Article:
Wayne Booth was the most influential pupil of the Chicago School of the New Criticism, perhaps because he moved so far beyond its dogmatic boundaries. The New Criticism, with its attention to close reading of text, has made something of a comeback after the more extreme lunacies of the Deconstructionist movement that supplanted it. But although Booth borrowed many of its techniques - close readings, for one; the Chicago School's obsessive interest in genre for another - he rejected the New Criticism's treatment of text as an independent object, seeing it instead as the focal intermediary for the relationship between writer and reader.
Booth spent most of his professional life in the very secular environs of the University of Chicago, but he was born and raised in Utah, the descendant of Mormon pioneers. He lost his father when he was six and he suffered a crisis of faith during the Second World War, when many of his army friends were killed in combat, and the social conservativism of the Mormon Church appalled him. He was, moreover,
passionate about rationality and critical thinking, and I kept encountering in the church . . . the doctrine that you should not apply critical thought to church doctrine.
But he retained a lifelong interest in spirituality, and found much to admire in the close community ethos of Mormonism; overall, his attitude towards the church of his youth was one of lifelong ambivalence, what he called "Wobbling on the Fringe". Certainly it helped form his lifelong interest in ethics, which in turn influenced much of his later writing.
After graduating from Brigham Young University in Salt Lake City, where an inspiring teacher of literature led him to switch majors from Chemistry to English, Booth moved to Chicago. There he took first an MA (1947) and then a PhD (1950) in English at the University of Chicago, where he studied under the major figures of the Chicago School, Ronald Crane and Richard McKeon, and also under Kenneth Burke, who published A Grammar of Rhetoric in 1950. Burke's influence on Booth was immense, for Burke viewed the study of rhetoric as integral to the study of literature, arguing, "Wherever there is persuasion, there is rhetoric, and wherever there is 'meaning' there is persuasion."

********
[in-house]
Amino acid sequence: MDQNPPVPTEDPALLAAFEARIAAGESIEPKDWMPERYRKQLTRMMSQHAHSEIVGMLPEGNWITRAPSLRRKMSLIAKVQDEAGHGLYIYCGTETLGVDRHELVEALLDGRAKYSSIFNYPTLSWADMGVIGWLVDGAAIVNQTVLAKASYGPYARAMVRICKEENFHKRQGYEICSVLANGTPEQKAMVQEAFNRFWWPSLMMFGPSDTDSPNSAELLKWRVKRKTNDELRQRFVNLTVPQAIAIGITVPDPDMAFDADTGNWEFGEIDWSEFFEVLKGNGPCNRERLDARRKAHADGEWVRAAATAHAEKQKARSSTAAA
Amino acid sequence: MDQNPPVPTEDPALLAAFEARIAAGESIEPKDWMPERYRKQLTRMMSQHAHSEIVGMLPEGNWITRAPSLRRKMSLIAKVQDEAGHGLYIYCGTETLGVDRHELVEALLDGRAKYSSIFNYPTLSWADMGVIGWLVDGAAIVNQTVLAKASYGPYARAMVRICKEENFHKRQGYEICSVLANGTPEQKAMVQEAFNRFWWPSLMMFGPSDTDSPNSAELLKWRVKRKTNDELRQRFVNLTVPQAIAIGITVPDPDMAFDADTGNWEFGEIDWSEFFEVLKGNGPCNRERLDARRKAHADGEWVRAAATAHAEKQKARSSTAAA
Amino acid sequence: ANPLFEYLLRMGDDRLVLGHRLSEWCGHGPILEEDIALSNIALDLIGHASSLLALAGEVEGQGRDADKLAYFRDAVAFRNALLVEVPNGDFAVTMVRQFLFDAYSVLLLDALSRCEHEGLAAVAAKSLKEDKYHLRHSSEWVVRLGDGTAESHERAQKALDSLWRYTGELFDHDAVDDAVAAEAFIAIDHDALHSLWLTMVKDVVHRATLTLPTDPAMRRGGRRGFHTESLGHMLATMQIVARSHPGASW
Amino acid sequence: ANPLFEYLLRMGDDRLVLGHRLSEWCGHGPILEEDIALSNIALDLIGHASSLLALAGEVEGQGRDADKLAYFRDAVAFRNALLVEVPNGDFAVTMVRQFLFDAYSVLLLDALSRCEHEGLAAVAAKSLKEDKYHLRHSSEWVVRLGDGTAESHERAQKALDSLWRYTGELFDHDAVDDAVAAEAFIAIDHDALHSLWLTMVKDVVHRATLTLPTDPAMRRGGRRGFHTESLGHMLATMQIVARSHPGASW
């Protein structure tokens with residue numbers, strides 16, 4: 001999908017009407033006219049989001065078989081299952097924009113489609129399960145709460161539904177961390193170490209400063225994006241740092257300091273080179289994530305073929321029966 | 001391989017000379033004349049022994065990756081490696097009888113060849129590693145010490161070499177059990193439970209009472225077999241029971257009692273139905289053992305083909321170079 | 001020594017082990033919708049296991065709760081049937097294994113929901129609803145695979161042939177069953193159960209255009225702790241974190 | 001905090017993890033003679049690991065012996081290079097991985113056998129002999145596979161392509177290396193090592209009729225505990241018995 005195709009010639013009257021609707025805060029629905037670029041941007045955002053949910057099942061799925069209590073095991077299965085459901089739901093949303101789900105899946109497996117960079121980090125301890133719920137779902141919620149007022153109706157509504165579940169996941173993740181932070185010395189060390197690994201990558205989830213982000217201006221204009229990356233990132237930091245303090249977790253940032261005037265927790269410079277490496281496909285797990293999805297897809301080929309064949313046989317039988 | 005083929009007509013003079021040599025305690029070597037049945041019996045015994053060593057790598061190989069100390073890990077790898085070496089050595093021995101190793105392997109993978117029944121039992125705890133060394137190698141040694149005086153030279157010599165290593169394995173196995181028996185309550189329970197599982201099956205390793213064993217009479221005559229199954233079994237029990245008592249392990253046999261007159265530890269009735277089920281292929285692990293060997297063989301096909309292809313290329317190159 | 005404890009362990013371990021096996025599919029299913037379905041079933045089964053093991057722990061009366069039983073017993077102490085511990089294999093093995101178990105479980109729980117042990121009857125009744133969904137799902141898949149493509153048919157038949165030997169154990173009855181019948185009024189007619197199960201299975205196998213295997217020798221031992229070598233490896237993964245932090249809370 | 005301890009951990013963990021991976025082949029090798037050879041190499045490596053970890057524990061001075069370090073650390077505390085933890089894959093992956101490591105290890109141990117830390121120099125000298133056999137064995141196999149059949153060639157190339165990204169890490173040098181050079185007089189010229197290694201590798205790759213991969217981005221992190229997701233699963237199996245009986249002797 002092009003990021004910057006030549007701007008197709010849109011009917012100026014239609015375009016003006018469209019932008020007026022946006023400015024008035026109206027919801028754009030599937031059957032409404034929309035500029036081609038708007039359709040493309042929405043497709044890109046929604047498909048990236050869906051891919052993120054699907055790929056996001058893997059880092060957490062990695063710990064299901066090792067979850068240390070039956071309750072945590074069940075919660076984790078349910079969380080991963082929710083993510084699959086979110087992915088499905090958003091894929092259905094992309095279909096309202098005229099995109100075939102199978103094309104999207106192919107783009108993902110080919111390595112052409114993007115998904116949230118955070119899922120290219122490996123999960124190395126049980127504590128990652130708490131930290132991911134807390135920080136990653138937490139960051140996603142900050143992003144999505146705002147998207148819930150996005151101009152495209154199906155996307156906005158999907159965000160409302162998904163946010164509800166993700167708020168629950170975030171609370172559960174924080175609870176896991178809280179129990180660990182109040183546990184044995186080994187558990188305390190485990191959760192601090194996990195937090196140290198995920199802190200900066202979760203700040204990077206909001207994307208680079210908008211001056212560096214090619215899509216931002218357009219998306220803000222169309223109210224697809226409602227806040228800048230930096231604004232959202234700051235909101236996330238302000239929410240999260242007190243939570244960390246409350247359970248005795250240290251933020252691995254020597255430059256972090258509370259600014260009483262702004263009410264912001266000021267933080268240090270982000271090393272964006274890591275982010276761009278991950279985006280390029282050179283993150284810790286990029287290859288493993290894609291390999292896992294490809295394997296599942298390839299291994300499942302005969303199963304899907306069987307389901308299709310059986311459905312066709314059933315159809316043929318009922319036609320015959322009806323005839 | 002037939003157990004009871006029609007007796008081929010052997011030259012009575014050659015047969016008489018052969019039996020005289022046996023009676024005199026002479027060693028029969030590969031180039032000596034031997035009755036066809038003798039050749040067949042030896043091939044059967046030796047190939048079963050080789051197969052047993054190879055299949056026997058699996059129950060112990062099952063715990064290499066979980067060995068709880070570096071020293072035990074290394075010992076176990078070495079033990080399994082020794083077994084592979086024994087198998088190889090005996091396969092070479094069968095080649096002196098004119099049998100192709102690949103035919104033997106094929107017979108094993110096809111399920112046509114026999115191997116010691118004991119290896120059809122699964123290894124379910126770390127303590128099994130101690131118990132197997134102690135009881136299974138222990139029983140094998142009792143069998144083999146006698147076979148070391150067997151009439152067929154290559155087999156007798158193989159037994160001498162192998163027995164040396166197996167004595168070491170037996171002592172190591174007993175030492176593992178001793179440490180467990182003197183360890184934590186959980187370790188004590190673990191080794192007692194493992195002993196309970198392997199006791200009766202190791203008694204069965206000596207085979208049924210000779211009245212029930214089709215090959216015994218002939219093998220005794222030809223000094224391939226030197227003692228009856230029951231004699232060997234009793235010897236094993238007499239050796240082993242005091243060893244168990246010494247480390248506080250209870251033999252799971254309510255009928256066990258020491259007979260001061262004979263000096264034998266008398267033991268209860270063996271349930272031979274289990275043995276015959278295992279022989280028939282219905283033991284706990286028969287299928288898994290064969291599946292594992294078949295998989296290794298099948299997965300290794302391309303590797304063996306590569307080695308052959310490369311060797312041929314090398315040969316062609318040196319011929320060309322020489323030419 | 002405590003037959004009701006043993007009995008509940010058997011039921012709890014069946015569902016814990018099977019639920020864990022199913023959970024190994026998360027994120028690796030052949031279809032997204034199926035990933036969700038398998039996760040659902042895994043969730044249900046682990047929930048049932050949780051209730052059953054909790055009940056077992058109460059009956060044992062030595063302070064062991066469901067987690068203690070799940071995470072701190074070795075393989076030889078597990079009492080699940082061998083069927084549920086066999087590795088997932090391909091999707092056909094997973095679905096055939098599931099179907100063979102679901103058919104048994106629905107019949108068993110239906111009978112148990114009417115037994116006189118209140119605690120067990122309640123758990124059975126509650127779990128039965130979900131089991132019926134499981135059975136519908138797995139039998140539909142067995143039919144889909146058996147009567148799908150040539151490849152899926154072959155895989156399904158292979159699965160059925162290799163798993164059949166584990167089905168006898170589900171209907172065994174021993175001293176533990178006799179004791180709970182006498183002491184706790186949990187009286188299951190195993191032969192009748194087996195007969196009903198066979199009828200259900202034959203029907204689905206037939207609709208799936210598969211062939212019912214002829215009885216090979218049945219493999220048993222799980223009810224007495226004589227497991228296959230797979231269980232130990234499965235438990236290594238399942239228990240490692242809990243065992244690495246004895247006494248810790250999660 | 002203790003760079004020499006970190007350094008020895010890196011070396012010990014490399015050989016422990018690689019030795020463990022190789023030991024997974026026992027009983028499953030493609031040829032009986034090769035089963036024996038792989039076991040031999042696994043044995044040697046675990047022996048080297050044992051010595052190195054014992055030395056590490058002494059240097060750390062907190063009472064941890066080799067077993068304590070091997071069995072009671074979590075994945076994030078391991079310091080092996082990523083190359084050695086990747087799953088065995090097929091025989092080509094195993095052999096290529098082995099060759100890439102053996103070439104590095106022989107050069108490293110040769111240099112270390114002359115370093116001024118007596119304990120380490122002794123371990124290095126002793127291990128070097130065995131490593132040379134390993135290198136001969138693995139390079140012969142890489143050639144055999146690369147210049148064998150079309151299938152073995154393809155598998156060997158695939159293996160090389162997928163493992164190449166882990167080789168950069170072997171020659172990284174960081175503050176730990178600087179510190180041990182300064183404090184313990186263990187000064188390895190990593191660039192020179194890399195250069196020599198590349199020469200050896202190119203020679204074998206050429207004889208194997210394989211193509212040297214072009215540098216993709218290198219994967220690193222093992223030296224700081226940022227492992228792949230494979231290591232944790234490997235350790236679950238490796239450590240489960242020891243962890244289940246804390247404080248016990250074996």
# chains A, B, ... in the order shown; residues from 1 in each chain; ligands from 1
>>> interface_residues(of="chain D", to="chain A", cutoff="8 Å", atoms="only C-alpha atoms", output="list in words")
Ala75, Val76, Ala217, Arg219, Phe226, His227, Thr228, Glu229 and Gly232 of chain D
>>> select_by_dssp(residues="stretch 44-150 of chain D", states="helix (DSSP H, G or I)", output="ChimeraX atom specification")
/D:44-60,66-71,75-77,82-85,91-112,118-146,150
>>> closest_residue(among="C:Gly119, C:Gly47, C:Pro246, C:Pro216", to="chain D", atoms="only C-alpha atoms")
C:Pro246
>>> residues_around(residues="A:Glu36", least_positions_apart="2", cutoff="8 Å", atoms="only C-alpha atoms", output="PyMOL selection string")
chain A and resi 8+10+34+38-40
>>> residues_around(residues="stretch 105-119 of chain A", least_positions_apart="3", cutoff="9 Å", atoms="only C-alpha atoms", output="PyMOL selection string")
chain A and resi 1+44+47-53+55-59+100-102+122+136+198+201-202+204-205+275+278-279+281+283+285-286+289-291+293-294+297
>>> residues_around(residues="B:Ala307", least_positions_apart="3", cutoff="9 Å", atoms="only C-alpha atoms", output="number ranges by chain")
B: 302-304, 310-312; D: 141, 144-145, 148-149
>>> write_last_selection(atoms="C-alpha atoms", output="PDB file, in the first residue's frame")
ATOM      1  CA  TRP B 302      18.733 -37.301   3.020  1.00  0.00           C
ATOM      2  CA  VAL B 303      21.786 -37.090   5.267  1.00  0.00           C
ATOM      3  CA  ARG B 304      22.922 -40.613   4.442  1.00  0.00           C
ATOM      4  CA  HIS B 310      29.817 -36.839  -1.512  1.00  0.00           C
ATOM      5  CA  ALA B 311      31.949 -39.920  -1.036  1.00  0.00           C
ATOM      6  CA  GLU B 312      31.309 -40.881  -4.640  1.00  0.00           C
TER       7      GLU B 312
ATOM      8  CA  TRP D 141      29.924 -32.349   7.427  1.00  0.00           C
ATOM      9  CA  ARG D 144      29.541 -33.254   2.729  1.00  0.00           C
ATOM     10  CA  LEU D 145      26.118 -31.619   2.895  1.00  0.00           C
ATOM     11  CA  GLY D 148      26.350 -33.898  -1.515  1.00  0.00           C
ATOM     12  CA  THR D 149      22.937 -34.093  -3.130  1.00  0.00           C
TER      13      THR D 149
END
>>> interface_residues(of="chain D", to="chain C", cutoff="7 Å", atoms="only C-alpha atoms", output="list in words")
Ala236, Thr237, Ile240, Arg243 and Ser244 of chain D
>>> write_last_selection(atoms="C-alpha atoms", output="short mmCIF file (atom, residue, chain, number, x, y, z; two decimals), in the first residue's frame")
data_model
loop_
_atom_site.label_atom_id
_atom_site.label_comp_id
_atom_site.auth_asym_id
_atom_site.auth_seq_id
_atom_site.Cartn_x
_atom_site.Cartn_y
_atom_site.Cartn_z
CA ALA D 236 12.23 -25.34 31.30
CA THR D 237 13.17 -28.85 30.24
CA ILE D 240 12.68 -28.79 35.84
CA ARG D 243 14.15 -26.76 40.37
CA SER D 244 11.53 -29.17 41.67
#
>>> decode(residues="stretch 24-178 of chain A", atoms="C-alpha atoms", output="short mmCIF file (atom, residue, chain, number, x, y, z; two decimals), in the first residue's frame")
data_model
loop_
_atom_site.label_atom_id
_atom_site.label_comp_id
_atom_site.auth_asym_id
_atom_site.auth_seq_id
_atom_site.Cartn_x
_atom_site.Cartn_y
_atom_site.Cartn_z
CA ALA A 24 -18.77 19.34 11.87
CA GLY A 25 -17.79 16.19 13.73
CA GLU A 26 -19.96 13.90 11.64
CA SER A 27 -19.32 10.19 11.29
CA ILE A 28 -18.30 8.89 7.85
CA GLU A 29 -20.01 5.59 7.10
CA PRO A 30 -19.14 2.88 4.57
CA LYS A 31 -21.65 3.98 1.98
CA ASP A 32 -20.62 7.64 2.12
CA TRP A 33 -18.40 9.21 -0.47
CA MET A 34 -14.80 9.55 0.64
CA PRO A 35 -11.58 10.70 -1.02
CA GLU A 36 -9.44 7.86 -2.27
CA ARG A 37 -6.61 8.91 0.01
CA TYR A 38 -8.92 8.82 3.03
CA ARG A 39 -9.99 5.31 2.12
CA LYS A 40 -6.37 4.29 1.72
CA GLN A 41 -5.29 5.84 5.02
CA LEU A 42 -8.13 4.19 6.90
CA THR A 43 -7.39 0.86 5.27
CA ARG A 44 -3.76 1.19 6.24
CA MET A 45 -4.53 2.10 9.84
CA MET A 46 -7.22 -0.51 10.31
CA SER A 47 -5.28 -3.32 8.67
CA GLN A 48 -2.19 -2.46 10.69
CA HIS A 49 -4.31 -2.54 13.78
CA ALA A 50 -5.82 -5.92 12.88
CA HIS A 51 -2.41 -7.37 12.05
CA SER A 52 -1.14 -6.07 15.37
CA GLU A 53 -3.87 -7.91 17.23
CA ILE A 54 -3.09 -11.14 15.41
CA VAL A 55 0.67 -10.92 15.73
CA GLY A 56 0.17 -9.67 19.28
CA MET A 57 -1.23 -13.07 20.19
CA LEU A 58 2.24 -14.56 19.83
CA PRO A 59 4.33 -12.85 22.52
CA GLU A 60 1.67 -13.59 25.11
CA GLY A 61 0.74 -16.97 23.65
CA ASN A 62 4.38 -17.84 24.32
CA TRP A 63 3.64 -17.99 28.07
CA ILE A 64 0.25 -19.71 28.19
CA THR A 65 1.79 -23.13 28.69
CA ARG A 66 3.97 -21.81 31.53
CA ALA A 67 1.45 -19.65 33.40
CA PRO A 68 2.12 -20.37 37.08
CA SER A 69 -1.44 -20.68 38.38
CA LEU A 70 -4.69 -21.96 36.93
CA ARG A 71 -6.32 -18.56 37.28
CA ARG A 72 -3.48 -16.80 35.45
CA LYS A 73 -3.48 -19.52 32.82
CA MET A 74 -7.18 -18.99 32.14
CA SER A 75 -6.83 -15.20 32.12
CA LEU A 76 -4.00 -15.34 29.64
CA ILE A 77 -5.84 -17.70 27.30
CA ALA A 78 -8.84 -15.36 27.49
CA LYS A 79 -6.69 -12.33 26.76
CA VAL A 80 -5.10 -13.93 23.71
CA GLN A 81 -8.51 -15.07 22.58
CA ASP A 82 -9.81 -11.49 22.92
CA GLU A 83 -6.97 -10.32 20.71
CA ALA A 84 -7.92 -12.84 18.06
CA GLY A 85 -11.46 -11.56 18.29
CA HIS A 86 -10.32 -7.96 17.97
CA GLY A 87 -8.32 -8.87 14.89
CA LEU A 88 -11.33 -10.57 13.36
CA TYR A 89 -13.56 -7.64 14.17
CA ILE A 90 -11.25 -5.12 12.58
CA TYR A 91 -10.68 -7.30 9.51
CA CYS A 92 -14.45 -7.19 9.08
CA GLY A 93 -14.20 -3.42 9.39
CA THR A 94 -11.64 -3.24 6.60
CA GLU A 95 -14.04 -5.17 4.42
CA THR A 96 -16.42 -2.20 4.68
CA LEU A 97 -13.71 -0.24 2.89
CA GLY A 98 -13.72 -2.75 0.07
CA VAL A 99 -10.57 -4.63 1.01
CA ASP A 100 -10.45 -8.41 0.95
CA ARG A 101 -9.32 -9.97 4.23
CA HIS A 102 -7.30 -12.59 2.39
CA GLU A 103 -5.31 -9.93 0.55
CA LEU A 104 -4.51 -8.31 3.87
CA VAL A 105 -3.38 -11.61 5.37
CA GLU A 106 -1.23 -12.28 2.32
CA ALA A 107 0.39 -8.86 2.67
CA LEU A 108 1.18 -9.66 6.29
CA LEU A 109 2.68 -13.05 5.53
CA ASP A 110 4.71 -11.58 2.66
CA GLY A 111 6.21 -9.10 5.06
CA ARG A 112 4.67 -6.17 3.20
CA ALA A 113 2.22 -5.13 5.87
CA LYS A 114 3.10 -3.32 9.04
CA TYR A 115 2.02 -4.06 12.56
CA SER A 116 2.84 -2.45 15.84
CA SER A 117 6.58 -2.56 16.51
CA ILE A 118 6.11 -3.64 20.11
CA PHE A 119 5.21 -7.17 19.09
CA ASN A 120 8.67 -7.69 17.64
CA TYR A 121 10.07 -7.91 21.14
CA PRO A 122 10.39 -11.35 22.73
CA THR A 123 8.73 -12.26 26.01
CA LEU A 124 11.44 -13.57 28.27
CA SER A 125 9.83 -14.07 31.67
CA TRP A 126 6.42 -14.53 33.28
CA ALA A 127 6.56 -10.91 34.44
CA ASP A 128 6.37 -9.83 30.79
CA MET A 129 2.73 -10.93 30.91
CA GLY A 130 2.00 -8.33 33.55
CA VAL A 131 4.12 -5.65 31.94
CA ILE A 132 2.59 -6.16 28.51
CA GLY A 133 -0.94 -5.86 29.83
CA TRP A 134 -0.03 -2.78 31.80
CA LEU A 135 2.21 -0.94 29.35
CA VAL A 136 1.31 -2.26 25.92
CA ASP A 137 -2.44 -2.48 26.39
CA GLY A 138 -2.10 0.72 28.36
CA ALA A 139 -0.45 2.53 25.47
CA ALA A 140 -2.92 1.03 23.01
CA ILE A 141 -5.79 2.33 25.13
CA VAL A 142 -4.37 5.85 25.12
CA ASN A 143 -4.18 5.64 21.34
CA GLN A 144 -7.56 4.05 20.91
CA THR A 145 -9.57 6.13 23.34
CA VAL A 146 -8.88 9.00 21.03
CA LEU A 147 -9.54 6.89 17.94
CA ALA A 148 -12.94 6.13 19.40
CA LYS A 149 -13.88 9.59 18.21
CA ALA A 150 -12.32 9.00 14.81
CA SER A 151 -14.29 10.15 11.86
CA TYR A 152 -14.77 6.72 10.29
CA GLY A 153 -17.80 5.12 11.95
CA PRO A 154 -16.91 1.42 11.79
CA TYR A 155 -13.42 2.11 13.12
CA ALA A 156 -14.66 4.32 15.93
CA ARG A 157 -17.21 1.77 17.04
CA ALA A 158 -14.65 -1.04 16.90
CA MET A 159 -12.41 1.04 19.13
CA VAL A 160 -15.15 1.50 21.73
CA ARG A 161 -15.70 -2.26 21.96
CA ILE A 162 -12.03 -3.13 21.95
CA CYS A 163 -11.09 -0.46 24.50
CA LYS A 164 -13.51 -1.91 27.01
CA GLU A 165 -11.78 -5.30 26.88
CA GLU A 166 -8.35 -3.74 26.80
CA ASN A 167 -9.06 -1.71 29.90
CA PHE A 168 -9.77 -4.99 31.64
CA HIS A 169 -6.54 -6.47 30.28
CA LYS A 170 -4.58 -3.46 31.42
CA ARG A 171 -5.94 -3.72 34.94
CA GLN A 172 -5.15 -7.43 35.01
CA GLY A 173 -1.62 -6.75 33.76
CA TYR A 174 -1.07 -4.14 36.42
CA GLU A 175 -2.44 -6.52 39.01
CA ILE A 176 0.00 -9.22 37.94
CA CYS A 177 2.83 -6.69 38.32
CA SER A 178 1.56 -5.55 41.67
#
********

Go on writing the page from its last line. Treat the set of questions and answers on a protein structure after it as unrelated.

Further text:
Yet the theoretical preoccupations of Burke's writing make it largely inaccessible to all but other critical theorists, and it was Booth who brought the argument for the importance of rhetoric to a larger audience in The Rhetoric of Fiction. The book was published in 1961, shortly before Booth returned to the University of Chicago, after a decade spent teaching at the small liberal arts colleges of Haverford and Earlham. Its impact was immediate, attracting the attention of his peers and becoming a standard text for undergraduate students of English.
The Rhetoric of Fiction is essentially about narrative strategies - how novelists create the effects which, quite simply, make us enjoy their work. It is about the relationship - collusive, adversarial, suspicious, engaging - between writer and reader, with the work as the intermediary or buffer through which this relationship is built. In this emphasis, Booth moved well away from the core characteristic of the New Criticism, which treated texts as objects independent of writer or reader, and also argued that discussing an author's motives was to commit the "Intentionalist Fallacy", while discussing the impact of a work on readers was to commit the " Affectivist Fallacy".